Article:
• Accessorise tastefully. Keep it simple with your jewellery, and try to only wear 1-2 pieces. For men, if you’re sporting an ear piercing, unless it’s part of your brand image, it’s better to leave it at home.
  • Communicate with your photographer. Make sure to schedule a meeting with them prior to the shoot to discuss your needs, so he/she can prepare the right elements for you. If it’s your first time doing a Corporate Headshot, ask questions about the flow of events so you’re clear on what to do.
  • Get a good night’s rest. You know the drill. No matter how much skincare or makeup you put on, if you’re sleep-deprived, it shows up on your face. A well-rested body makes you more relaxed and keeps you looking fresh.

 

How do I pose for a Corporate Headshot?

  • It’s all about the angles! Everyone has a side they favour while taking photos. Prior to the shoot, identify the “more attractive” side of your face, and use it your advantage. Practice your poses in the mirror and remember; you never want to be facing the camera directly.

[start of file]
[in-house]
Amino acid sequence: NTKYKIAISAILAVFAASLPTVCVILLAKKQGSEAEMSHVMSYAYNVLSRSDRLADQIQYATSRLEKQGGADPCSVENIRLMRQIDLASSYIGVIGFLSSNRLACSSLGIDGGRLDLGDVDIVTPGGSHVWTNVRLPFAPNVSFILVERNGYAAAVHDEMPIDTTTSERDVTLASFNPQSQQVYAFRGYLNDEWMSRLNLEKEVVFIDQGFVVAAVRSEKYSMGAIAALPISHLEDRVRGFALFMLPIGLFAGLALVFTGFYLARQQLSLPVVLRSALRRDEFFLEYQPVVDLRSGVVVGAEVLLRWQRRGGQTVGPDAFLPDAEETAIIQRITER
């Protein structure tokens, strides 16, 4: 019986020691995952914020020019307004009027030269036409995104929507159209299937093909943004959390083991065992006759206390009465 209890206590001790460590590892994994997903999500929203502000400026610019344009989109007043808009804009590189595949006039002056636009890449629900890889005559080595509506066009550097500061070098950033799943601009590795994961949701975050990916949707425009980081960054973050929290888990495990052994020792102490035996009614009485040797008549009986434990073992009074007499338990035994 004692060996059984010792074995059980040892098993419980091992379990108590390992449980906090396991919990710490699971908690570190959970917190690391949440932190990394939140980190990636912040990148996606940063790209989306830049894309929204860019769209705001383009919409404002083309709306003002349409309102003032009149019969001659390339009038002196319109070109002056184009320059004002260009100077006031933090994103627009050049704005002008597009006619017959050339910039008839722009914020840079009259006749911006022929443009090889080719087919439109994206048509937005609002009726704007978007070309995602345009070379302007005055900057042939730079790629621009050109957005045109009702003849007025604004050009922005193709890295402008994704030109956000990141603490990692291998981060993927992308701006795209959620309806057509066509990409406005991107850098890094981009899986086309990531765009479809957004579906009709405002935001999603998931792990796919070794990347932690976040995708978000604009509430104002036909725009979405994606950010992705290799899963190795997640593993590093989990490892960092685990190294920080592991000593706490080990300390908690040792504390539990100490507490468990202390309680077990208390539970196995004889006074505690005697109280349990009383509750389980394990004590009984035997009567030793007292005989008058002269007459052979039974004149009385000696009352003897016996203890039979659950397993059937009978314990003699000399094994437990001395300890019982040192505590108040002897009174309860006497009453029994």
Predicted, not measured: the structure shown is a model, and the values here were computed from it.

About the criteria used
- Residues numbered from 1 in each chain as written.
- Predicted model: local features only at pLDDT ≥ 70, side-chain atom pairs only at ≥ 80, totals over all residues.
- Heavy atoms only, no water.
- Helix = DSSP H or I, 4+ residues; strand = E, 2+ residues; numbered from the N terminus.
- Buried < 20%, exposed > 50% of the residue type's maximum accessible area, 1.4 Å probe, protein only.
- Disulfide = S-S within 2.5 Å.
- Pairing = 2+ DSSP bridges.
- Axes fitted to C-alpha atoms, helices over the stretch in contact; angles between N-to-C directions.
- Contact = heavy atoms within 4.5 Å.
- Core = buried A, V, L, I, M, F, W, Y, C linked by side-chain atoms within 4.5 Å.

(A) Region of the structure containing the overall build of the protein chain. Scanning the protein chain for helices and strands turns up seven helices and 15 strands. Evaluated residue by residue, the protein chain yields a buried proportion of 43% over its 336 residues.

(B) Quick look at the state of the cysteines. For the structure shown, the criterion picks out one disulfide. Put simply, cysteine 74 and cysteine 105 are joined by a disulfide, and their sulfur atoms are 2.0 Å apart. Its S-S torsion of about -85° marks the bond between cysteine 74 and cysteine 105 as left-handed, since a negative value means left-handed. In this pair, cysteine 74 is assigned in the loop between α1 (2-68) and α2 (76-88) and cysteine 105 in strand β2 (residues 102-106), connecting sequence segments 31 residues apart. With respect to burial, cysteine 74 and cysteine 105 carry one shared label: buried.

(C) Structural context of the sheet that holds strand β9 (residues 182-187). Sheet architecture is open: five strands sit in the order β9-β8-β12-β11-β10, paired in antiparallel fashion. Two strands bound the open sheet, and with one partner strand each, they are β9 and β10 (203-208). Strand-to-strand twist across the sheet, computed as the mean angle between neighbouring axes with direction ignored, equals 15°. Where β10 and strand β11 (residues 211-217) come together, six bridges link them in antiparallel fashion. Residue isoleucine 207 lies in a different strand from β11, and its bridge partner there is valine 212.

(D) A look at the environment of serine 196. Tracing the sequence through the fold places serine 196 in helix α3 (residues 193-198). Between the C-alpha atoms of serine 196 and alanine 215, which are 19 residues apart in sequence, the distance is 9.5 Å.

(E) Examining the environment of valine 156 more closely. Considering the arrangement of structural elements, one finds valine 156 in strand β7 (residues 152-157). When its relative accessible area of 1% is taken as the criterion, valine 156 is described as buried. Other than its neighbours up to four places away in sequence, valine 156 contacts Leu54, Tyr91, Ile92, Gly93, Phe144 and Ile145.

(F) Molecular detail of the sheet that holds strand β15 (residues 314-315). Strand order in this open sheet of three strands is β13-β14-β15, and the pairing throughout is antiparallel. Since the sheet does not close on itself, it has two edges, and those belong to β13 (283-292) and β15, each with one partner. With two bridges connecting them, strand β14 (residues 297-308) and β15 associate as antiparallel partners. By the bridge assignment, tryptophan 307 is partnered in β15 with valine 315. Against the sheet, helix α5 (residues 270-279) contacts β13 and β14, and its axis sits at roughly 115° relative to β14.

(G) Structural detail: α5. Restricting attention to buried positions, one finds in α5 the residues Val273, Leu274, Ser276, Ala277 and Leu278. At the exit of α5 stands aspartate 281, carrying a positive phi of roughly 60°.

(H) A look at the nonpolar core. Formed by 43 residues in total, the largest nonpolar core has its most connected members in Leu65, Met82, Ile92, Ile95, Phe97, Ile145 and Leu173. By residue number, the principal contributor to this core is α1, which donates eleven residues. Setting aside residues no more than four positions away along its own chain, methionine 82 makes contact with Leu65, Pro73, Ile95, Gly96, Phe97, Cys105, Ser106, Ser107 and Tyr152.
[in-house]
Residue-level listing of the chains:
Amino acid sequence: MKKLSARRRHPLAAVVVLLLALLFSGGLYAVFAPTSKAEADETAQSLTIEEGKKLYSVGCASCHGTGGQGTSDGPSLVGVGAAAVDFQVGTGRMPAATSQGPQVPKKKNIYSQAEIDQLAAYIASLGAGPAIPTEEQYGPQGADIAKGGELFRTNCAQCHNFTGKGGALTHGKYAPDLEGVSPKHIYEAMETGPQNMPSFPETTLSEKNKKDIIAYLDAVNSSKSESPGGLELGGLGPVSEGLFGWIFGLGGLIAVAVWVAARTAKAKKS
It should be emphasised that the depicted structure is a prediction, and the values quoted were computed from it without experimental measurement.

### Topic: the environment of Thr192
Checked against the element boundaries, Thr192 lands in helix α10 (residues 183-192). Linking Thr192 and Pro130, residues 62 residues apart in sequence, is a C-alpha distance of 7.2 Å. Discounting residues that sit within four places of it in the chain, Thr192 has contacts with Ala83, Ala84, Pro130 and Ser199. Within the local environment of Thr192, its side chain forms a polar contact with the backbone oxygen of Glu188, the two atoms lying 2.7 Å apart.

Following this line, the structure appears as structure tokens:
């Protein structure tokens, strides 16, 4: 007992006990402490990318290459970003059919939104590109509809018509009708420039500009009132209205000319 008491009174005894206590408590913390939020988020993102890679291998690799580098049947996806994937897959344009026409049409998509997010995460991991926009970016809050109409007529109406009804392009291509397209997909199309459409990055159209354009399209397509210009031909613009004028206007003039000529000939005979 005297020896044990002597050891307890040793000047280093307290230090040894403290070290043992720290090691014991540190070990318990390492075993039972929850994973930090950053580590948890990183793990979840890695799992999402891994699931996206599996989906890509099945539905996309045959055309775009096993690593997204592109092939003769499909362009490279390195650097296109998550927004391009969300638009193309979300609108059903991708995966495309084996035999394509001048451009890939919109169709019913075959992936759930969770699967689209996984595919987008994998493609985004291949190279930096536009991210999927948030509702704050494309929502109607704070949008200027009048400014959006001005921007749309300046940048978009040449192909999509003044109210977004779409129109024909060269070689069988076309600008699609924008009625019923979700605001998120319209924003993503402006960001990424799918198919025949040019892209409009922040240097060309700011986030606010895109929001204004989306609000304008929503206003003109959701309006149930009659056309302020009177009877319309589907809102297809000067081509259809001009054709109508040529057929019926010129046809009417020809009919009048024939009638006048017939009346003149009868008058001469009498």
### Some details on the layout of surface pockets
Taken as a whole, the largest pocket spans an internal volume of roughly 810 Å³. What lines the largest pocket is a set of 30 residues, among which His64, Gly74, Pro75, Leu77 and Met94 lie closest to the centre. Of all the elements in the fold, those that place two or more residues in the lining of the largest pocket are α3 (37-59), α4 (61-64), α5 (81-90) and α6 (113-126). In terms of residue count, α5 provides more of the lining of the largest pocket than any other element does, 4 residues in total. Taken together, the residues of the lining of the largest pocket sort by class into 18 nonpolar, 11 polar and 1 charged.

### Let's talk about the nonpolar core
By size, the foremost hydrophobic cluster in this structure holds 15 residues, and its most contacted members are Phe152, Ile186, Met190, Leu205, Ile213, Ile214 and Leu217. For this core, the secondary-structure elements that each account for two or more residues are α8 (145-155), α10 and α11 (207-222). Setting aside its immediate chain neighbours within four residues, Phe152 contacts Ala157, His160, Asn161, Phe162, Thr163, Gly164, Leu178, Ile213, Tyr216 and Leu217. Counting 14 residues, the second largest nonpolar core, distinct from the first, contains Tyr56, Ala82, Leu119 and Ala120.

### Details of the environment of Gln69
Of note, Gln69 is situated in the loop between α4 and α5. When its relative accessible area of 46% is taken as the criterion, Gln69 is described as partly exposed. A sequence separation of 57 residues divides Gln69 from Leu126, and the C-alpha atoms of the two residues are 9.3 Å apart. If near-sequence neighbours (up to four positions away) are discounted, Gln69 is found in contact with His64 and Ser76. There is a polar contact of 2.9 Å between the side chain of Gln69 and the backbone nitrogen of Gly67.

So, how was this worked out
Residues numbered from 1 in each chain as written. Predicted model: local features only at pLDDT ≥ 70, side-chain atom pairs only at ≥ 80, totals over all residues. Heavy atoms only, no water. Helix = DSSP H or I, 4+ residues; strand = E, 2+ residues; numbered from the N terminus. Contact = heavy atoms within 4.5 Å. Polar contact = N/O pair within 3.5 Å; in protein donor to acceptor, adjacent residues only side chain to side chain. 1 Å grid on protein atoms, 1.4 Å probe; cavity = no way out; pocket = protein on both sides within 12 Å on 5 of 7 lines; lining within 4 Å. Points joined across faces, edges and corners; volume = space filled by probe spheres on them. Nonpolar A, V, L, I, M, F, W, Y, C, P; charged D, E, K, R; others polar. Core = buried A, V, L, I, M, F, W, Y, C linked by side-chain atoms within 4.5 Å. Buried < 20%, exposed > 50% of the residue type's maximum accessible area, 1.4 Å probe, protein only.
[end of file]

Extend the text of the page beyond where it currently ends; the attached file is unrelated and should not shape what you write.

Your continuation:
• Look at the camera. Keeping your angles in mind, a Corporate Headshot always has the subject looking into the camera.
  • Beware of the your chin! Sometimes, even the position of the camera can make it look like you have a double chin, even if you don’t. This neat trick from backstage.com suggests for you to imagine you’re holding an orange underneath your chin. This way, it creates space between your chin and neck. Goodbye double chin!
  • Shoulders back, chest out. If you find yourself slouching, sit up! When you have good posture, it shows that you’re a confident professional who means business.
  • Sometimes, when people have a camera in front of them, they have a natural instinct to smile. Can you imagine yourself smiling all the way throughout a 30-minute shoot? Your cheeks will be hurting! Give your photographer time to adjust his/her camera settings and when they’re ready to shoot, they’ll let you know, and you can flash that winning smile.

 

What makes a good Corporate Headshot?

Now that we’ve got your personal preparations covered, let’s talk photography and studio elements. We’ll try not to get too boring here, but these are just basic guidelines all photographers go by.